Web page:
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Coronavirus death toll exceeds SARS

Published: (Updated: ) in Australian News by .

As the coronavirus death toll rose to 722 on the mainland of China, countries around the world are enforcing stricter measures to contain its spread.

The death toll in mainland China from coronavirus has risen by 81 to 780 in the latest figures, passing the 774 deaths recorded globally during the 2002-2003 pandemic of Severe Acute Respiratory Syndrome (SARS).

Meanwhile an American has became the first confirmed non-Chinese victim of the new coronavirus.

The 60-year old US citizen died on February 6 in Wuhan, the epicentre of the virus outbreak in the central Chinese province of Hubei, a US embassy spokesman said in Beijing.

A Japanese man in his sixties and in hospital with pneumonia in Wuhan also died after suffering symptoms consistent with the virus, Japan's foreign ministry said.

But owing to difficulties in diagnosing the disease, the cause of death was given as viral pneumonia, the ministry said, citing Chinese medical authorities.

As of midday on Thursday, 17 foreigners were being treated for the disease in quarantine in China, according to the latest government figures.

Two deaths have been reported outside of mainland China - in Hong Kong and the Philippines. Both victims were Chinese nationals. A Reuters count based on official reports show there are more than 330 cases outside China, in 27 countries and regions.

Most of the deaths in China have occurred in and around Wuhan. Hubei officials on Saturday reported 81 new deaths, 67 of those in Wuhan, a city in virtual lockdown. Across mainland China, the number of outstanding cases stood at 31,774.

While China is bearing the brunt of the virus, anxiety levels are spiking across Asia, with Japan alarmed by the rising number of cases aboard a quarantined cruise ship, major foreign companies pulling out of an international air show in Singapore, and Thailand losing money as Chinese tourists stay home.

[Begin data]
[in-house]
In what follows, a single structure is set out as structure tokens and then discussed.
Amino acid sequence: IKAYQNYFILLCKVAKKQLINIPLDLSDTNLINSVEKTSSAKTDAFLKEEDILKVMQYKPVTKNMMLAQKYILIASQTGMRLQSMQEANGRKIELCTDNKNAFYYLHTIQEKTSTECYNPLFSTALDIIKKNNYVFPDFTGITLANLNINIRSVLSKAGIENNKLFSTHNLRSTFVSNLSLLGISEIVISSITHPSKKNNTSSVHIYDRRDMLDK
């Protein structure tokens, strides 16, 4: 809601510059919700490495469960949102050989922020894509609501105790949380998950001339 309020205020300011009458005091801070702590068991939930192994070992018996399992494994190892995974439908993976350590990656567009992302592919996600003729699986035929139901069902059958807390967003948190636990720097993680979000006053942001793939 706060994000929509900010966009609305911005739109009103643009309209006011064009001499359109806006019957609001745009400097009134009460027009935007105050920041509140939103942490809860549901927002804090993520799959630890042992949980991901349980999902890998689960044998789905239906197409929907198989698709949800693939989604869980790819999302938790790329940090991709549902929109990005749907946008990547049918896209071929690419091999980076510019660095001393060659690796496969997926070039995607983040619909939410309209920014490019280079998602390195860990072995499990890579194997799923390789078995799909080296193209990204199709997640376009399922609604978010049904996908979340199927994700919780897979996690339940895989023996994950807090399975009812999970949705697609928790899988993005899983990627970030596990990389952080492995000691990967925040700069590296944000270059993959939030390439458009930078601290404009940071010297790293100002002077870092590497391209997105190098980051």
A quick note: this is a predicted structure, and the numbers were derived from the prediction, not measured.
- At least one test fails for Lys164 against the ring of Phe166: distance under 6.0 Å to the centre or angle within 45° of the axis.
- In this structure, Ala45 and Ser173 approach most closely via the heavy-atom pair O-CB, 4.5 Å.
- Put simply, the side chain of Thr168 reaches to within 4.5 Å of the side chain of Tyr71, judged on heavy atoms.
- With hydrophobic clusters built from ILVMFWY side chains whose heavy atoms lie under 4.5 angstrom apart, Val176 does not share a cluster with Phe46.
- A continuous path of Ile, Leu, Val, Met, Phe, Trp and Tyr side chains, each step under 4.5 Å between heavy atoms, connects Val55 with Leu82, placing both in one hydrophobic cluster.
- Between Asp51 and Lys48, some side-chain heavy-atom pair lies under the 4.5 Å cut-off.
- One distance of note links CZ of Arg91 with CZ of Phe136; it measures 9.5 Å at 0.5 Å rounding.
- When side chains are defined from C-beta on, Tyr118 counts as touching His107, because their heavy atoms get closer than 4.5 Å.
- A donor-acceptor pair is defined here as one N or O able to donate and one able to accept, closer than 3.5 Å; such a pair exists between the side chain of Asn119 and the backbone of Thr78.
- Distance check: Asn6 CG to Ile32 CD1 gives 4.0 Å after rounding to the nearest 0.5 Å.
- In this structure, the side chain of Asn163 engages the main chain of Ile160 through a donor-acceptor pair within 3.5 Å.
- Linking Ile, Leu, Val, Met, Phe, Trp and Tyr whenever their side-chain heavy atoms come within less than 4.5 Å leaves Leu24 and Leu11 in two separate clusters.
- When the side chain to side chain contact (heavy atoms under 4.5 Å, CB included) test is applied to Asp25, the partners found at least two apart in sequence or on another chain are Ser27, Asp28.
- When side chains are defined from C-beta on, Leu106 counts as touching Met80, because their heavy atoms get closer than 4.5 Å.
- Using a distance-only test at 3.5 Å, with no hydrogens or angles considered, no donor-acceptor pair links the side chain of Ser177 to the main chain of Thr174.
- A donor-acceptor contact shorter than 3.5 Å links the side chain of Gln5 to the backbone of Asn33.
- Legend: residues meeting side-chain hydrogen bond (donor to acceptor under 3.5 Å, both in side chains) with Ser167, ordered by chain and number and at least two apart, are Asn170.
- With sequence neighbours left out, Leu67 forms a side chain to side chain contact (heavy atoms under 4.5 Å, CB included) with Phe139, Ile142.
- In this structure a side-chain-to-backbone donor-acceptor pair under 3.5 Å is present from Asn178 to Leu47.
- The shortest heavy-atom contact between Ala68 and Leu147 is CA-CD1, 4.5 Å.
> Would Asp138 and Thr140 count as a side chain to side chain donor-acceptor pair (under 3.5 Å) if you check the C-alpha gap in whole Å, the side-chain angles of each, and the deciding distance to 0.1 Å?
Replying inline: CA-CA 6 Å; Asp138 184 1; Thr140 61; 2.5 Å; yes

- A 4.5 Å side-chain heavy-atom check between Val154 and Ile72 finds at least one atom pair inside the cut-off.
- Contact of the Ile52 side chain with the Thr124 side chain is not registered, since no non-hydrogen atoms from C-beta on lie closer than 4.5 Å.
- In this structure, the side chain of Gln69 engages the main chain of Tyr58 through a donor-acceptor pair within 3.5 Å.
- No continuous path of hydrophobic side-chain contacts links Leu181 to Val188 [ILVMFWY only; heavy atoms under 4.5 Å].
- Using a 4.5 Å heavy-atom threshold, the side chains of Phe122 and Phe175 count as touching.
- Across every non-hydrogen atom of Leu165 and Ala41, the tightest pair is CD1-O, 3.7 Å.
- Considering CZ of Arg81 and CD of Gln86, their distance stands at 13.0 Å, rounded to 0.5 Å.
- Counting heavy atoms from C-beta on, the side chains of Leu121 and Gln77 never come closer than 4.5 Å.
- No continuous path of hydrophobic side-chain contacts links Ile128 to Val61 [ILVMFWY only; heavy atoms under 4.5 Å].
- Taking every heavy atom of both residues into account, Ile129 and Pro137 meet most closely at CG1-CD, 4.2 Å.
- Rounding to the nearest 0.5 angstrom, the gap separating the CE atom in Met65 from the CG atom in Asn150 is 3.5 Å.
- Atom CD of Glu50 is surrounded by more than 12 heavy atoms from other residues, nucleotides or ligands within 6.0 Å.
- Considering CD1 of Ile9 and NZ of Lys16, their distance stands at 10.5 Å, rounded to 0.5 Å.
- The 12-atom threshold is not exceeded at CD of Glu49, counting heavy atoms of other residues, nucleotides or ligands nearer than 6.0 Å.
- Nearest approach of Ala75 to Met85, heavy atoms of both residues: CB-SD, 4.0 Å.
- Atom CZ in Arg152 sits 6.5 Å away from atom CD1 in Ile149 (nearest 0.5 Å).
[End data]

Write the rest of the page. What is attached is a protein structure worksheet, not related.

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Another three people on the cruise liner off Japan tested positive for coronavirus, bringing the total number of confirmed cases from the ship to 64, Japan's health ministry said.

Thailand reported seven new cases, including three Thais and four Chinese, bringing the total reported in the country to 32, among the world's highest number of infections outside of China.

Having already decided to suspend most flights from Monday between Taiwan to China, Taiwan's government said it would also suspend all direct passenger and freight shipping.

Hundreds of foreigners have been evacuated out of Wuhan over the past two weeks. A second evacuation plane to airlift Australians out of Wuhan was delayed after China did not give it clearance to land but has since taken off.

Cruise ship passengers faced more woe as Japan reported three more cases for a total of 64 on one quarantined vessel and turned away another.

The three are among 3700 passengers and crew on the quarantined Diamond Princess. They must remain on board for 14 days.

Prime Minister Shinzo Abe said foreign passengers on another ship, Holland America's Westerdam, won't be allowed into Japan. He said suspected coronavirus patients were on board.

The ship, with more than 2000 people, was near Okinawa and was seeking another port, said Overseas Travel Agency official Mie Matsubara.

"We are getting desperate," she said.

"We hope we can go somewhere so that passengers can land."

Hong Kong began enforcing a 14-day quarantine for arrivals from mainland China on Saturday (local time).

Hong Kong has refused to completely seal its border but hopes the quarantine will dissuade travellers from the mainland.


Push to ensure food suply in quarantine areas

China's leaders are trying to keep food flowing to crowded cities despite anti-disease controls and to quell fears of possible shortages and price spikes following panic buying after most access to Wuhan and nearby cities was cut off.

Employees at the Wushang Mart wore masks and protective suits. Customers washed their hands with disinfectant and were checked for the virus's telltale fever, said the manager, who would give only her surname, Lu.

"It is normal for people to worry about supply, but we explain there will be enough," Ms Lu said by phone.

Food stocks in supermarkets ran low shortly after Beijing imposed travel curbs and extended the Lunar New Year holiday to keep factories, offices and other businesses closed and the public at home in an attempt to prevent the virus from spreading.

That also kept trucks off the road, disrupting supplies of food to markets, feed to farmers and poultry to slaughterhouses.

As the shutdown of Wuhan expanded to cover cities with a total of 60 million people, villagers set up their own roadblocks to keep outsiders and possible infection away.

A Cabinet official acknowledged vegetable supplies were uneven and some "daily necessities" were sold out.

Even getting out to shop is a challenge in some cities that are under almost total quarantine.

Only one member of each household is allowed out each day to shop for food in Hangzhou, an industrial metropolis of 10 million people southwest of Shanghai, and in Huanggang, a city of one million near Wuhan.

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Source: 9News

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